Skorpios – The Island of Onassis
In 1963, Aristotle Onassis bought the Ionian island of Skorpios, located just off the western coast of Lefkada, and transformed it into his summer residence. When first purchased, the island did not even have running water. But Onassis, known for his business acumen, attention to the smallest detail and desire for the greatest of quality, turned Skorpios into an unbelievable private oasis.
When purchased, the island was fairly barren. Utilities were piped in, forests planted, and Onassis even used his yacht the “Christina” to bring in sand from another Greek island for the beaches. Within a short time, he had built his family compound, a farmhouse, helicopter pad and boat quay on the island for which he had reportedly paid a mere 3.5 million drachames (an amount that today would equal not even $20,000).
The island is now a lush green oasis of fruit, nut and olive trees, all of which were brought in by Onassis. A small Greek Orthodox chapel was built as well, and it was here that in 1968, Onassis held his wedding to Jacqueline Kennedy. Jacqueline introduced wild blueberry bushes to the island she loved to call home.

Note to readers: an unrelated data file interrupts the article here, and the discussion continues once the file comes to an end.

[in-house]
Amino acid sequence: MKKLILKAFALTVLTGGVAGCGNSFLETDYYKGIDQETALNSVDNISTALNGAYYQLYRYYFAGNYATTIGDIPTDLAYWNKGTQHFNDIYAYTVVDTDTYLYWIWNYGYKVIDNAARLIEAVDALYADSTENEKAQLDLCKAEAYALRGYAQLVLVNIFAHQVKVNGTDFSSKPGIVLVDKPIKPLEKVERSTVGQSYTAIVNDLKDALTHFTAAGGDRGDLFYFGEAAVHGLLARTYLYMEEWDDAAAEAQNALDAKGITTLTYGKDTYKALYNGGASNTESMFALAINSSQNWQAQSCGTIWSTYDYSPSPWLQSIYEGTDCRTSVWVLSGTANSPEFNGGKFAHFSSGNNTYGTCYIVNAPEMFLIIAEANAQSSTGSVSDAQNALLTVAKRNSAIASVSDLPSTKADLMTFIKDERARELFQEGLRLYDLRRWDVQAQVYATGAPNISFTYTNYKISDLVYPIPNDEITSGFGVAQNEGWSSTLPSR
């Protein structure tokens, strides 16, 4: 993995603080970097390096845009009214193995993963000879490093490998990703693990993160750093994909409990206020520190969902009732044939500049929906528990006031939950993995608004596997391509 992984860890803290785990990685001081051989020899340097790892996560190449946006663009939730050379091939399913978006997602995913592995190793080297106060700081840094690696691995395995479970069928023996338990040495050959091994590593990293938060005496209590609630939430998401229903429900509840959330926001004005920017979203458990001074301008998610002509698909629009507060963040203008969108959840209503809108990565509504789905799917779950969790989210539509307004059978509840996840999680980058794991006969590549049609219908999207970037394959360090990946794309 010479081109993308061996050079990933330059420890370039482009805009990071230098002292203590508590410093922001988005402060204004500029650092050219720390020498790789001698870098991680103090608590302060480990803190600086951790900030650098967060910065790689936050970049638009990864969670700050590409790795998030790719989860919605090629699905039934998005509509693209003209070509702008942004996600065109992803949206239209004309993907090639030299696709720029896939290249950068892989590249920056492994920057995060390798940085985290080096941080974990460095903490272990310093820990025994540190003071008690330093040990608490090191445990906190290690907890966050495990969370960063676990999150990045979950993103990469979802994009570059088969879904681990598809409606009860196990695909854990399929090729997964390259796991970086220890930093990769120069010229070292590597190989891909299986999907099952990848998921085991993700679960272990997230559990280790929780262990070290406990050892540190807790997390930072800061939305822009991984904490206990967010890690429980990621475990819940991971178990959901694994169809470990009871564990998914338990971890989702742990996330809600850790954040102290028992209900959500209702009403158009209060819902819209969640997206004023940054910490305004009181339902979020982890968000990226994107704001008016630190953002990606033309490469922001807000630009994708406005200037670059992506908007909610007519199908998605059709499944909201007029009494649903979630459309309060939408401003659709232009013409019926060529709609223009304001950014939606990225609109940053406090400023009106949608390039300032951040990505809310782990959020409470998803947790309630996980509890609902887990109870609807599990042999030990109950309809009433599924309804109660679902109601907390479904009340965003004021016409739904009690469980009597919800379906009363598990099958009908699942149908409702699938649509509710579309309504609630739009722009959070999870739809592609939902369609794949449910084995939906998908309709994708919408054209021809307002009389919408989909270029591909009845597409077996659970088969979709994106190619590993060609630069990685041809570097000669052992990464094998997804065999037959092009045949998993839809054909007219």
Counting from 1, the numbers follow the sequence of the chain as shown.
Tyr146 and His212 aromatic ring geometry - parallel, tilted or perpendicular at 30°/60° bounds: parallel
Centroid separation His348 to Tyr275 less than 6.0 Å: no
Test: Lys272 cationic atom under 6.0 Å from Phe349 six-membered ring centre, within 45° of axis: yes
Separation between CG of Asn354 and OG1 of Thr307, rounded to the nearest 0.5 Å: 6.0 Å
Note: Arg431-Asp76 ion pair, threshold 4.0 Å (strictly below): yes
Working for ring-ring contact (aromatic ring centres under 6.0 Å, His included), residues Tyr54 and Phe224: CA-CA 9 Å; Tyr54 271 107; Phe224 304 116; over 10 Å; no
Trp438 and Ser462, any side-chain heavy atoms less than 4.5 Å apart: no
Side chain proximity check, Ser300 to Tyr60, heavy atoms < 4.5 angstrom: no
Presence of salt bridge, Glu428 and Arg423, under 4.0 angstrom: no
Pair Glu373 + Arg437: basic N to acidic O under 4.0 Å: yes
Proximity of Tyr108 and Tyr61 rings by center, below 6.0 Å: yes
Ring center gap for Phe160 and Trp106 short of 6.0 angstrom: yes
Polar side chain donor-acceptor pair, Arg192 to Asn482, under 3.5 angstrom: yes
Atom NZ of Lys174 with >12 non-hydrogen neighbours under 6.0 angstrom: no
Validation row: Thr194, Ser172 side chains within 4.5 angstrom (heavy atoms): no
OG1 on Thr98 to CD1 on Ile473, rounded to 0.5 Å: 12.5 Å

When he died tragically in 1973, Alexander, Onassis’s son, was buried near the island chapel. Upon their deaths, Onassis and his daughter Christina were buried alongside Alexander. They are remembered and mourned by the villagers of Nydri, located just a few miles away on Lefkada. The people fondly remember when Onassis spent his days on the island, stopping by often in Nydri. Not far from the statue of Willhelm Dorpfeld, stands the statue of Aristotle Onassis. Appropriate, as both men were dreamers, legends, and contributors to Greek legacy.
In 2013, the last heir of Onassis, his granddaughter Athina Onassis Roussel, sold the island, hers by inheritance, to Russian heiress Ekaterina Rybolovleva.
Onassis’s life and endeavors, including his time on Skorpios, has been well documented. We recommend the book “Aristotle Onassis, Beyond His Myth” published by the Foundation that bears his name, as well as the more personal account of his story as reflected in the autobiography of Paul J. Ioannidis in “Destiny Prevails”.